Companies that develop software to detect if artificial intelligence or humans authored an essay or other written assignment are having a windfall moment amid ChatGPT’s wild success.
ChatGPT launched last November and quickly grew to 100 million monthly active users by January, setting a record as the fastest-growing user base ever. The platform has been especially favored by younger generations, including students in middle school through college.
Surveys have found that about 30% of college students reported using ChatGPT for school assignments since the platform launched, while half of college students say using the system is a form of cheating.
AI detection companies, such as Winston AI and Turnitin, are revealing that the wild success for ChatGPT has also benefited the tech detection firms as teachers and employers look to weed out people submitting computer-generated materials as produced by humans.
Winston AI will provide users with a “scale of 0-100, the percentage of odds a copy is generated by a human or AI,” as well as look for potential plagiarism.
Renaud explained that AI-generated materials have “tells” that expose it as computer-generated, including “perplexity” and “burstiness.” Perplexity is defined by the company as tracking language patterns in a writing sample and determining if it follows how an AI system was trained or if it appears to be unique and written by a human.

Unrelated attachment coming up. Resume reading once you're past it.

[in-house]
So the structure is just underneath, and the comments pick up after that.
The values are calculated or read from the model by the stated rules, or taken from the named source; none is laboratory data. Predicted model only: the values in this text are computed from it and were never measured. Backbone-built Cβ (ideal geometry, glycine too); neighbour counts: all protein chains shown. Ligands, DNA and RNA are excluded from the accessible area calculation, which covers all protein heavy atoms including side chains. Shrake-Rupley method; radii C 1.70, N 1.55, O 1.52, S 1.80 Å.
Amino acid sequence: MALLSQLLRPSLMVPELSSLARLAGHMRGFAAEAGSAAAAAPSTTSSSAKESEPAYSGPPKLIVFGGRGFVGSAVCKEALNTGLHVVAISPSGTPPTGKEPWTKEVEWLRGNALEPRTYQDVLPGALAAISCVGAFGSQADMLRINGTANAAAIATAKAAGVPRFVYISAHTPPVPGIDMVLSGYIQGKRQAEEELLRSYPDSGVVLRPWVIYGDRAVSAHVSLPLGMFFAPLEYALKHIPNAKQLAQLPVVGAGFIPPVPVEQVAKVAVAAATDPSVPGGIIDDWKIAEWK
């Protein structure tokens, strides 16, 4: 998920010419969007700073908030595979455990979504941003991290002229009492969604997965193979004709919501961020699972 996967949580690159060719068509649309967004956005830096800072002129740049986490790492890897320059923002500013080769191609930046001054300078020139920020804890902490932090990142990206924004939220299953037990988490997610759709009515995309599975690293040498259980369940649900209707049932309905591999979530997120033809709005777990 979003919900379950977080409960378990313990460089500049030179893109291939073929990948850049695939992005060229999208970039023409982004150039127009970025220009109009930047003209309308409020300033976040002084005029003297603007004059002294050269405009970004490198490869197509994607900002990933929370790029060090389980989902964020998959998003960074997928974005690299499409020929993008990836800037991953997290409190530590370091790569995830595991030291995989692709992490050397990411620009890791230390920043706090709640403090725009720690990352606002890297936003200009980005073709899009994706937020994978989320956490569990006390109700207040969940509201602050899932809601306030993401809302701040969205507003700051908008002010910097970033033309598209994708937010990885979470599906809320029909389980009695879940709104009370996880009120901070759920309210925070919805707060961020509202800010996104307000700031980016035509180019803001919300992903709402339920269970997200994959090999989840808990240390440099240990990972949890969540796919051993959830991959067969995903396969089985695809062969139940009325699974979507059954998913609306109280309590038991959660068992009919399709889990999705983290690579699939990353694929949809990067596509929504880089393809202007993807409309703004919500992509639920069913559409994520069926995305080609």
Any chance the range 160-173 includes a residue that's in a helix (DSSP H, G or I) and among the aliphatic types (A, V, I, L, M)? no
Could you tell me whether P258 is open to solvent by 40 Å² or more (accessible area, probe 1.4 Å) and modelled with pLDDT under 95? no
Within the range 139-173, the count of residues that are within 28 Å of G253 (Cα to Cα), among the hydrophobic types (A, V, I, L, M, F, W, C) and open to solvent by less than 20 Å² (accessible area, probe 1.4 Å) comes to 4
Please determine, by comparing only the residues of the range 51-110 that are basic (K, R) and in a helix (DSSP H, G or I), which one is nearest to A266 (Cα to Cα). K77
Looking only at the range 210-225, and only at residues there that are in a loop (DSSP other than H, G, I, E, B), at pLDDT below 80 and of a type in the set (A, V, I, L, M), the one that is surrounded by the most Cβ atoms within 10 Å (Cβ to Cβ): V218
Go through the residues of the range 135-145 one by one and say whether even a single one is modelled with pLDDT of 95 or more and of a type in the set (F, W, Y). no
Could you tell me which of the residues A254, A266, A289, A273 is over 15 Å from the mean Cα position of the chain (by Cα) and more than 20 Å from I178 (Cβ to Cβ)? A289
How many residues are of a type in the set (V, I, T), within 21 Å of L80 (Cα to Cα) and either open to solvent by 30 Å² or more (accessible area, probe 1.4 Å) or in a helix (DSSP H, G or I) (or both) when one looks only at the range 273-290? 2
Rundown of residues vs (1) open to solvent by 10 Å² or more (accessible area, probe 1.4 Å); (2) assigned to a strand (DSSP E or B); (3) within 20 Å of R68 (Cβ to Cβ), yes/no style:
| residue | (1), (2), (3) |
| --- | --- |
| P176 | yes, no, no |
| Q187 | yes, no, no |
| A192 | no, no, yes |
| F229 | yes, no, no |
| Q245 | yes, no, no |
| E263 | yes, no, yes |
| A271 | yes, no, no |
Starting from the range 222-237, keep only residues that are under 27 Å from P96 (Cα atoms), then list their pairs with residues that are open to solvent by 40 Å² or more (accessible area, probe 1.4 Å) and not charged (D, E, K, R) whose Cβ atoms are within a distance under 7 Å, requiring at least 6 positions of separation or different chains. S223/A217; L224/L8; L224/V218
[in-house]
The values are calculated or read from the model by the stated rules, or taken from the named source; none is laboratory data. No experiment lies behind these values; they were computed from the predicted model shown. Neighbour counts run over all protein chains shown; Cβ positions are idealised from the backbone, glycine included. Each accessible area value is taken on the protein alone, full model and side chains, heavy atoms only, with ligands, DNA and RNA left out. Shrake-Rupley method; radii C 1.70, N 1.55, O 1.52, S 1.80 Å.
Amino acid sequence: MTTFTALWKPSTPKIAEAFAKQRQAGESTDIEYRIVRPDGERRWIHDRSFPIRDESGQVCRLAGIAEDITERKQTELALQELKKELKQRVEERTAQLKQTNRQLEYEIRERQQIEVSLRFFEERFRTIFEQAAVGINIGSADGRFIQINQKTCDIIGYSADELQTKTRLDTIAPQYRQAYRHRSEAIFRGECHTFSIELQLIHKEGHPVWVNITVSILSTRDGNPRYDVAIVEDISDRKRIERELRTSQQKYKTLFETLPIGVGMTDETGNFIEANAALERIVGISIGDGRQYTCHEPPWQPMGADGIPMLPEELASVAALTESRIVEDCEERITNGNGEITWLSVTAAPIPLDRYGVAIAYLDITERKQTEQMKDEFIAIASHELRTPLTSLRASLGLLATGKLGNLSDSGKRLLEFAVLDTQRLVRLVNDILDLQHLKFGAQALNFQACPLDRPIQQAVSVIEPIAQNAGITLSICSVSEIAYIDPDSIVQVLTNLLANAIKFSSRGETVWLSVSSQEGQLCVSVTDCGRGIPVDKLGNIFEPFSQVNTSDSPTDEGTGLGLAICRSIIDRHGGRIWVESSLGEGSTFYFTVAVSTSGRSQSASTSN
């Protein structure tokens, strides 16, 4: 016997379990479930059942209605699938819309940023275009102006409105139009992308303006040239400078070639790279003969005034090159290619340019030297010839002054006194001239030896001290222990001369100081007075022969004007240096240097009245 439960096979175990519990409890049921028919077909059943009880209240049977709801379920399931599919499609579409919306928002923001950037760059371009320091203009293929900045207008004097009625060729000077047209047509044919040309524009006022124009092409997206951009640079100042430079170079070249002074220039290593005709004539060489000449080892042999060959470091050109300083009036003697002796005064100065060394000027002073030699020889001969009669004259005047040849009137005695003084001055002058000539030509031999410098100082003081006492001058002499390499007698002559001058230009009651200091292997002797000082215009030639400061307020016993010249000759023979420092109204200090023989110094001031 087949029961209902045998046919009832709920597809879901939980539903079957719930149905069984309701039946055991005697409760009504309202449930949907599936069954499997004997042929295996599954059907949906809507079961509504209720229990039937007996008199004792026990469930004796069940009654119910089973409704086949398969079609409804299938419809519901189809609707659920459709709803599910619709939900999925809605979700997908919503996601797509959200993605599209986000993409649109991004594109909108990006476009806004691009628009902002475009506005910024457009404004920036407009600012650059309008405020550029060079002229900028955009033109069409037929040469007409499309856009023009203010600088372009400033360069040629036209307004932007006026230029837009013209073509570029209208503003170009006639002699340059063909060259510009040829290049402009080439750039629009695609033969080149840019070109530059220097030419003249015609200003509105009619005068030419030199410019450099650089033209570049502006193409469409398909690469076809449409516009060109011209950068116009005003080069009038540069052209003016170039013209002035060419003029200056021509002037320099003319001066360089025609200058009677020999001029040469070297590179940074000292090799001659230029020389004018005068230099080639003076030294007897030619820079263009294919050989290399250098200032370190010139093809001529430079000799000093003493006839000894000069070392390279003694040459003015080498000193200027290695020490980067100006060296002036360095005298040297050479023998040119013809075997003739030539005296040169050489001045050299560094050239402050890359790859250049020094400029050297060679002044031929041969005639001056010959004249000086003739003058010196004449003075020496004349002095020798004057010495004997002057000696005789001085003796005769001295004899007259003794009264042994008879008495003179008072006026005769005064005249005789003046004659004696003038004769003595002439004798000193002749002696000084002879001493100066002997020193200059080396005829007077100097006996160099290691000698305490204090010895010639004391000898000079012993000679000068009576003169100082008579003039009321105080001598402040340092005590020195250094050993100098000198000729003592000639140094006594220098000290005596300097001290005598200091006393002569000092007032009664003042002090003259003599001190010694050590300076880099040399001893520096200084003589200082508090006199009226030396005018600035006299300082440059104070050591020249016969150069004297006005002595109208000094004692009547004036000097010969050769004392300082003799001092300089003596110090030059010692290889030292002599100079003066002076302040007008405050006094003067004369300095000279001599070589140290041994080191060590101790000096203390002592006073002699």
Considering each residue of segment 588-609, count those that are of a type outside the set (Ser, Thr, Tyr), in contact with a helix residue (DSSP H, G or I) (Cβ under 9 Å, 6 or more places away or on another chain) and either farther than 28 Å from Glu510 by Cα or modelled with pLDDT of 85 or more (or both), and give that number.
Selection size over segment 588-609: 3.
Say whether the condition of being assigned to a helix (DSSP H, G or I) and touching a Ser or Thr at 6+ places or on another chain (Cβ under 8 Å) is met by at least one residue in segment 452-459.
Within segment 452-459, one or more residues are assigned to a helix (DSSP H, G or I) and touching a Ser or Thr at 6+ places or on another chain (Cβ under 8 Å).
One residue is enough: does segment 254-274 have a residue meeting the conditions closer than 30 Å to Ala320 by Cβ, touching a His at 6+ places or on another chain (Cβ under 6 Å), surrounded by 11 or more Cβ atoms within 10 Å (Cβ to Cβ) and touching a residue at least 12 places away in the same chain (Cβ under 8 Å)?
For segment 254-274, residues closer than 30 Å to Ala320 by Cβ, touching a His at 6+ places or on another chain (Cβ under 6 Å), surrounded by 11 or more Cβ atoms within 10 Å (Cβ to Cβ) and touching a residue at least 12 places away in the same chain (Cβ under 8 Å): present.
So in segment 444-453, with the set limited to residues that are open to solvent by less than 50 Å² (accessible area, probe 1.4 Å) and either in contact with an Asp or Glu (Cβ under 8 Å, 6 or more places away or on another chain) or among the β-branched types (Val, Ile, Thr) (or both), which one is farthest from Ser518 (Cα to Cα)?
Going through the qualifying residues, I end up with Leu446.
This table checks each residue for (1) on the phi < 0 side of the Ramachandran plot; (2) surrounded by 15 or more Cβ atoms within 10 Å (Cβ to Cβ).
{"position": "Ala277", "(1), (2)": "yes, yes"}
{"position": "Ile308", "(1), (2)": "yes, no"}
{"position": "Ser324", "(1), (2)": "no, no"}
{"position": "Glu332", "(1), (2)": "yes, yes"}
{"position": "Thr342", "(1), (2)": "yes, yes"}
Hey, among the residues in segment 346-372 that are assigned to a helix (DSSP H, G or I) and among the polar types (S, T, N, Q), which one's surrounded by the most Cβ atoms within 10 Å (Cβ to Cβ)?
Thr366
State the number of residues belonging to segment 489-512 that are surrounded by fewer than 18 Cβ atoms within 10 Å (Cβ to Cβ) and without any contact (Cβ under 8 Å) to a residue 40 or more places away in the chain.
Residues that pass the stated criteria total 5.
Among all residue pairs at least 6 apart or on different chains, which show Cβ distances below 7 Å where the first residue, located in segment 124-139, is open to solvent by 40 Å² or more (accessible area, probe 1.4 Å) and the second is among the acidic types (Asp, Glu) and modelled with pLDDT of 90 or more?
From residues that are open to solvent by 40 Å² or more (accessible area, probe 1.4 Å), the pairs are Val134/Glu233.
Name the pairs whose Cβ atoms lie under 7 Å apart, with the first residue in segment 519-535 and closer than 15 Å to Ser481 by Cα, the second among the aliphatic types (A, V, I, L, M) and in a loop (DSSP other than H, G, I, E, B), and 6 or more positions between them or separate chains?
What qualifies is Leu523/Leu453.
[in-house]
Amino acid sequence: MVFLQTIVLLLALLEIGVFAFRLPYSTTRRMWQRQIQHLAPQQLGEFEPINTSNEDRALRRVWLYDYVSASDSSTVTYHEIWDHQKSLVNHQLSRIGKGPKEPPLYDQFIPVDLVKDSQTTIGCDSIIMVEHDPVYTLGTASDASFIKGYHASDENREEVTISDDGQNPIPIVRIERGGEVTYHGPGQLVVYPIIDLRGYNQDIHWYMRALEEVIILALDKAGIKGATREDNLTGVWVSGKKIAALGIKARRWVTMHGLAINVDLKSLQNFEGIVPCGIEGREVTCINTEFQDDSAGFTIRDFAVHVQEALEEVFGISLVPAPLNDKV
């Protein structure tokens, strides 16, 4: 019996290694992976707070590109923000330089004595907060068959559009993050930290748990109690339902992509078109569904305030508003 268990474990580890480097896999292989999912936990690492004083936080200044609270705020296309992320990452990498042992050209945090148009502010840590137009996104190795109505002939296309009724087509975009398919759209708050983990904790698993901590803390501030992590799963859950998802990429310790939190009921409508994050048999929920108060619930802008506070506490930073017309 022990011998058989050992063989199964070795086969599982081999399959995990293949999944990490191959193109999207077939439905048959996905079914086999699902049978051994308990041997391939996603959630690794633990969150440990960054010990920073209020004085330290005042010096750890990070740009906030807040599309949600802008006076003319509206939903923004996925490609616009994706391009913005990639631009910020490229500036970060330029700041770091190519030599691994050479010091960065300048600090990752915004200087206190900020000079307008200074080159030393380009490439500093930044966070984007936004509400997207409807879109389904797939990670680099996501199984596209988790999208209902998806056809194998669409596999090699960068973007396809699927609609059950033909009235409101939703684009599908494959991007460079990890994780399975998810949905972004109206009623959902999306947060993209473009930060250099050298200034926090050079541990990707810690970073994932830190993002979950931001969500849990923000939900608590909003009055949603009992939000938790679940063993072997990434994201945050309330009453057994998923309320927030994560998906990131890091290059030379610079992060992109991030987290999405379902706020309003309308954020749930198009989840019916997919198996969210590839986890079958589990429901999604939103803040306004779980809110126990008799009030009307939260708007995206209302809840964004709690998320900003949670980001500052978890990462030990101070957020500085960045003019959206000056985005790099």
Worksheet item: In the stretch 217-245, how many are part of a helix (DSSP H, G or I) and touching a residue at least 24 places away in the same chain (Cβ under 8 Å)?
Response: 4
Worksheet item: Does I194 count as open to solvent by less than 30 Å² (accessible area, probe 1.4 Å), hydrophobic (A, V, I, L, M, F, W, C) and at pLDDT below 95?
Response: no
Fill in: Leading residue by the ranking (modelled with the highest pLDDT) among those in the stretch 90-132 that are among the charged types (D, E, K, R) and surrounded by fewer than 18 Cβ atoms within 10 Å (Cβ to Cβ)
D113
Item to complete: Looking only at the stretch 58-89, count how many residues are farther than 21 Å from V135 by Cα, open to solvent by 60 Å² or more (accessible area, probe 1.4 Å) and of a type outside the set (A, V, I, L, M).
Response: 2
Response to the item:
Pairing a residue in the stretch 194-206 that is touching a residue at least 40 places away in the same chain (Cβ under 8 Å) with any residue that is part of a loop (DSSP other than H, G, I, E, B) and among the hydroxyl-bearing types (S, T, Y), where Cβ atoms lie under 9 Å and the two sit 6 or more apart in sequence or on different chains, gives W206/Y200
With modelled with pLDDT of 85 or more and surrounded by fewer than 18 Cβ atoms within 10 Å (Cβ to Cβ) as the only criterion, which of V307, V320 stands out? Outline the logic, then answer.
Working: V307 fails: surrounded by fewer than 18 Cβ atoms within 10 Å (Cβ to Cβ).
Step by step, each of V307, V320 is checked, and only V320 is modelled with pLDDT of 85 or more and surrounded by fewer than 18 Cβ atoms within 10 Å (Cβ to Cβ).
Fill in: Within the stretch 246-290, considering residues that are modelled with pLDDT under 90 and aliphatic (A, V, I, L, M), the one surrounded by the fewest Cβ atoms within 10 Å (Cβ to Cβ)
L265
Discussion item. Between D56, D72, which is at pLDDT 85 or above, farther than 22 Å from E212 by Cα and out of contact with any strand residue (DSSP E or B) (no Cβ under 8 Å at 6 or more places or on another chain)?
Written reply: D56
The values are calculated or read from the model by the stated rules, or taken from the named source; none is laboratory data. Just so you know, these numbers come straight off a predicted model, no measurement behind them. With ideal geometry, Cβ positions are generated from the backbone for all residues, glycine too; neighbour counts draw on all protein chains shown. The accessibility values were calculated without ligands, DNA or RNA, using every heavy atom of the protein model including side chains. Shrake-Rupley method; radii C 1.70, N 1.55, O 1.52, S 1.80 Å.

“So, in the same way that generative AI is trained on large datasets, we trained our detector to identify key patterns in ‘synthetic’ texts through deep learning.”
Renaud said he was initially “very worried” about ChatGPT, but his worries have since eased. AI will always have “tells” that other platforms can detect, he said.
The chief product officer of Turnitin, another company that detects AI-generated materials, recently published a letter to the editor of The Chronicle of Higher Education arguing that AI materials are easily detected.
Turnitin’s Annie Chechitelli responded to an essay published in The Chronicle of Higher Education authored by a student at Columbia University who said, “No professor or software could ever pick up on” materials submitted by students but actually written by a computer.
Similar to Renaud, Chechitelli argued that AI materials will always have “tells” and that tech companies looking to uncover the computer-generated materials have crafted new ways to expose the AI-generated materials.
“We think there will always be a tell,” she told The Guardian. “And we’re seeing other methods to unmask it. We have cases now where teachers want students to do something in person to establish a baseline. And keep in mind that we have 25 years of student data to train our model on.”
Amid concern students will increasingly cheat via AI, some colleges in the U.S. have moved to embrace the revolutionary technology, implementing it into classrooms to assist with teaching and coursework.
Harvard University, for example, announced it will employ AI chatbots this fall to assist teaching a flagship coding class at the school. The chatbots will “support students as we can through software and reallocate the most useful resources — the humans — to help students who need it most,” according to Harvard computer science professor David Malan.